Cornerstone: Chapter 19-2

The following is a translation of an excerpt from Ishizue: Kashihara Genjiro no shinko to shogai (Cornerstone: The Faith and Life of Genjiro Kashihara) by Teruo Nishiyama. Note: This translation is presently incomplete.

Genjiro’s Resolution Leading to the 70th Anniversary of Oyasama

The “three years, one thousand days” period leading to the 70th Anniversary began in 1953. Myodo had completed its sanctuary construction in December the previous year, but since it was a crash job, payments still needed to be made. There was a general feeling that Myodo would begin dedicating itself to activities in Jiba once the shortfall was taken care of.

When Genjiro heard this, he summoned Matsuemon Suzuki, the treasurer at Myodo. He told him: “I’m sure there’s a shortfall from the sanctuary construction to take care of, but I don’t care how much it is. It will be fine to carry it until the 70th Anniversary is over. You must not use one cent of donations from our subsidiary churches leading to the 70th Anniversary to make up for the construction shortfall. If we can’t do this, the completed sanctuary will burn down. Don’t let the sanctuary burn down. I’m warning you because we can’t afford to make any mistakes in dedicating and expressing our sincerity.”

To have a building burn down symbolizes the loss of God’s protection. Although people tend to take the easy way out, doing so loses sight of the eternal path.

Myodo’s course of action for the 70th Anniversary was clearly decided. Still the general feeling that pervaded was a resignation that Myodo might not be able to fulfill whatever amount that was resolved for the anniversary since it was immediately after the sanctuary construction.

Genjiro personally made a resolution to donate one million yen when the anniversary season was announced. Genjiro made these resolutions without giving any consideration to what his circumstances were and would plainly reveal the amount he resolved to others. If one were to investigate how he dedicated himself to accomplish this goal, one could turn to his notes that he titled “God the Parent’s Breast Milk” (possibly his way of referring to the commission he received). Here is an excerpt:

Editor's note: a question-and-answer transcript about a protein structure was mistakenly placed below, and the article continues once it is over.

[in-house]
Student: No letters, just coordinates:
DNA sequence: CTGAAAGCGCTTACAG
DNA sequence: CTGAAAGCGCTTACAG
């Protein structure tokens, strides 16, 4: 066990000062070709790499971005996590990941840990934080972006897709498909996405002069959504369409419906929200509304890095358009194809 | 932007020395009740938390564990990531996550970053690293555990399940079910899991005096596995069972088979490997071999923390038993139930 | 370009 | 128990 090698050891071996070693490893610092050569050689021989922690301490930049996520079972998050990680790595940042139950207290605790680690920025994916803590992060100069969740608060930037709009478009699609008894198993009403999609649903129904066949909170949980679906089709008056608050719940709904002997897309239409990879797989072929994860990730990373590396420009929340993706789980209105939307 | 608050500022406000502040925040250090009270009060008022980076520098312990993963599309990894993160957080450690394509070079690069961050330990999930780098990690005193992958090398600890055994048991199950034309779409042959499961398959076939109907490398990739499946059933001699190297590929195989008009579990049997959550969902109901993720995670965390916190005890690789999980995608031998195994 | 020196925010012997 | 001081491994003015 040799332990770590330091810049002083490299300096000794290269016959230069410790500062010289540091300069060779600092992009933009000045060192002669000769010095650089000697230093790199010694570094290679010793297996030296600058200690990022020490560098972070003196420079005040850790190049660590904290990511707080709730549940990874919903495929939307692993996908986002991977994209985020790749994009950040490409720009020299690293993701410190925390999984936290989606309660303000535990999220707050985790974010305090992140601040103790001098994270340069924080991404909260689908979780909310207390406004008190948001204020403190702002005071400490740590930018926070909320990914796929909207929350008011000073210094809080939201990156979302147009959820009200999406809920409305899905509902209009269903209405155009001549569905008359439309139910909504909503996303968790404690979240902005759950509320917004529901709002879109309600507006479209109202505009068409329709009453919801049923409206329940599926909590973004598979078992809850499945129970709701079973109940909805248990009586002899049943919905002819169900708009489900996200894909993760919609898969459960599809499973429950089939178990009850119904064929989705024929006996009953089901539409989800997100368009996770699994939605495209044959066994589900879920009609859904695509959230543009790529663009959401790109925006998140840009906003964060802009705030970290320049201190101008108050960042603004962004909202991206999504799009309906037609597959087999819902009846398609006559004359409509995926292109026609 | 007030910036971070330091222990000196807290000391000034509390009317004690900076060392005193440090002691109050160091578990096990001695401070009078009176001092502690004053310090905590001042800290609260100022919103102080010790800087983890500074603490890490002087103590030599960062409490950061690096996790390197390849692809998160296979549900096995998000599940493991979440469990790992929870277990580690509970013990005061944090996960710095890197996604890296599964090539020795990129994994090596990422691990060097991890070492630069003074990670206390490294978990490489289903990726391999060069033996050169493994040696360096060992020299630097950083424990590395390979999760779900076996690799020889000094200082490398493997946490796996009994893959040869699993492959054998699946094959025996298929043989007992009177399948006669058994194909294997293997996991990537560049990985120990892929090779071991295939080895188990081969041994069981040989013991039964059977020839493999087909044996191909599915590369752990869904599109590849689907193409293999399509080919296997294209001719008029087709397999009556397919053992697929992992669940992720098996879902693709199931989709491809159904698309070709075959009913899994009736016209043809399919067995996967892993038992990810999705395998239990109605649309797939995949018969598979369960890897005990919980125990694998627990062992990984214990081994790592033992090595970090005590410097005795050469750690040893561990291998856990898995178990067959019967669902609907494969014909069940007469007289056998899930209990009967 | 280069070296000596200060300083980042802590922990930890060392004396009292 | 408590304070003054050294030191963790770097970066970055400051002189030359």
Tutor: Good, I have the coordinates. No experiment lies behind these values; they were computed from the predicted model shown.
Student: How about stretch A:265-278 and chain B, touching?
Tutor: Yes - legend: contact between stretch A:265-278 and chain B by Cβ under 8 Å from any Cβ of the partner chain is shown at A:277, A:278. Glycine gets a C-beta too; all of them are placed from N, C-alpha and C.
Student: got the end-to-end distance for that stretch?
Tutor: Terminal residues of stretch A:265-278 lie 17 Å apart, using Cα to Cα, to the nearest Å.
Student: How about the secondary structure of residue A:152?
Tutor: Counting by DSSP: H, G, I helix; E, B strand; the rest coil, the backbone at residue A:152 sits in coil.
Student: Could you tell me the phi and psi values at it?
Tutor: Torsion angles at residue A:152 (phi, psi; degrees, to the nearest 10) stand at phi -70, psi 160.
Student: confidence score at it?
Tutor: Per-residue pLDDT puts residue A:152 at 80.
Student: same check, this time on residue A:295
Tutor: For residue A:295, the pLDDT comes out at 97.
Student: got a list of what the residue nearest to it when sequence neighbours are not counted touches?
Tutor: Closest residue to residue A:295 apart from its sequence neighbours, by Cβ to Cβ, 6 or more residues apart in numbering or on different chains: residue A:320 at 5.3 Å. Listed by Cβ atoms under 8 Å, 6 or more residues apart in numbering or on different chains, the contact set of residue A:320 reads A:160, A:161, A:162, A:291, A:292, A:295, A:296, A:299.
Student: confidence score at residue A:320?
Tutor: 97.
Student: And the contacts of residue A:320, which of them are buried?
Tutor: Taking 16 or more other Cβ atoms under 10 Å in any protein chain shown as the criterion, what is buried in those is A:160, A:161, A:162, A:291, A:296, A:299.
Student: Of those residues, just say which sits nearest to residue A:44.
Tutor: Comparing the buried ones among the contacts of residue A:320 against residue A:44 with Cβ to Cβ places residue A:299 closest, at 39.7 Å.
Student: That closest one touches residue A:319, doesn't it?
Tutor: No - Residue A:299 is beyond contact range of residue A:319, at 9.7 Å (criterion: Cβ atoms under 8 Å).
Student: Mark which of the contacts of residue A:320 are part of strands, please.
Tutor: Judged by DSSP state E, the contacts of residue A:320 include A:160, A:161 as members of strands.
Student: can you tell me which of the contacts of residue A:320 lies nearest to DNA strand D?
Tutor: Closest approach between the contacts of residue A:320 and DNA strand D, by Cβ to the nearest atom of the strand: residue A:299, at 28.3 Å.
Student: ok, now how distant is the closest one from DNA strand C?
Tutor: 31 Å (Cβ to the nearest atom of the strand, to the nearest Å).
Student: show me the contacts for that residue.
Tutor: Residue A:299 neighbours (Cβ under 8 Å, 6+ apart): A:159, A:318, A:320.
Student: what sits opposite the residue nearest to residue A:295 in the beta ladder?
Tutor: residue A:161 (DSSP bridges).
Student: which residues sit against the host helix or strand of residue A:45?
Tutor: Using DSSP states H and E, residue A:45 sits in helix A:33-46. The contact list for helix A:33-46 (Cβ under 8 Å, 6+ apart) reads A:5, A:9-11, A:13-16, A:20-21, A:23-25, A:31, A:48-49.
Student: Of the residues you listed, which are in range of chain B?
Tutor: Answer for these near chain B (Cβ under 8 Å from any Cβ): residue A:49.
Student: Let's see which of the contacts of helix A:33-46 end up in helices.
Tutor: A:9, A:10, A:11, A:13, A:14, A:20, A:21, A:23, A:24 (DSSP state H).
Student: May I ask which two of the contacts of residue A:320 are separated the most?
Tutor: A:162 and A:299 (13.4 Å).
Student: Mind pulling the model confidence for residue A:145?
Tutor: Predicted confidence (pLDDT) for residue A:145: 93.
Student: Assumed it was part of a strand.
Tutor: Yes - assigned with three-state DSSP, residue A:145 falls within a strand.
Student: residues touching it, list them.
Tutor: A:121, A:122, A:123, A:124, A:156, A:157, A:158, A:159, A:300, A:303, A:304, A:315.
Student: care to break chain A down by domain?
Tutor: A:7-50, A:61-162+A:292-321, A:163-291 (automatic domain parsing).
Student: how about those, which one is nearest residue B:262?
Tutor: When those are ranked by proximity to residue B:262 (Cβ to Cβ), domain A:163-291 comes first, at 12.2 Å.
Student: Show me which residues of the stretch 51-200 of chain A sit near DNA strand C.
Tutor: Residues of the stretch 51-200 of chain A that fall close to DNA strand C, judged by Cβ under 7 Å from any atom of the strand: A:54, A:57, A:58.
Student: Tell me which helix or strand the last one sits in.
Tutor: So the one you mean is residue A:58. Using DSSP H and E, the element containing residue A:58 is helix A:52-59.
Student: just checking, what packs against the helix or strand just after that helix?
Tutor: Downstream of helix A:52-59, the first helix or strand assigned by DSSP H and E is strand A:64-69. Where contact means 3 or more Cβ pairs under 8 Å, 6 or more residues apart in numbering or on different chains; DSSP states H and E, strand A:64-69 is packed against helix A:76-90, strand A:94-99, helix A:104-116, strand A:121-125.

• July 27:                        2,600 yen
  • July 29:                        3,900
  • August 2:                    5,405
  • Total:                           11,905
  • Donated:                    10,000
  • Remainder:               1,905
  • August 4:                    1,400
  • August 6:                    1,720
  • August 10:                 2,000
  • Total:                           7,025
  • Donated:                    7,000
  • Remaining:                   25

One imagines that Genjiro enjoyed how he steadily and diligently dedicated himself without considering the size of his donations even for a moment. ** 一時の大を思わず While he accumulated his donations in this way, in late May 1954, a thief broke into the head minister’s residence at Myodo Dormitory.

The thief made away with Genjiro’s boston bag that he took on his mission tours, a wristwatch, as well as a pair of shoes, suit jacket, and white collared shirt Yoshiro had bought for him in the U.S.

For several days, Genjiro quietly sat straight in front of his desk and thought about the matter. On June 1, he went to worship and made a pledge that after he was done with donating a million yen, he would make another hinokishin donation of the same amount. Although it took Genjiro some time before he came to any decision, his approach was to completely follow through on whatever he resolved to do.

On July 1, Genjiro was a lecturer for a seminar course at Church Headquarters that was attended by 600 people. Toward the end of the lecture, Genjiro suffered an intracranial hemorrhage and lost the ability to talk. He made it back to the waiting room with great difficulty and recovered after resting for an hour.

What Genjiro thought at this time was that he was someone who ought to have passed away for rebirth on July 1. He felt that he received God’s protection because when God utilized a thief in late May to inform him of the divine intention, he made a resolution to dig deeper into his personal causality and vigilantly advance further on the path to spiritual maturity.

When the young Yoshiro faced the same knot, even while he saw and heard about Genjiro’s demeanor, he took it lightly, thinking to himself: “Ah, a stroke of bad luck. It can’t be helped.”

Yoshiro’s physical condition became critical three months later.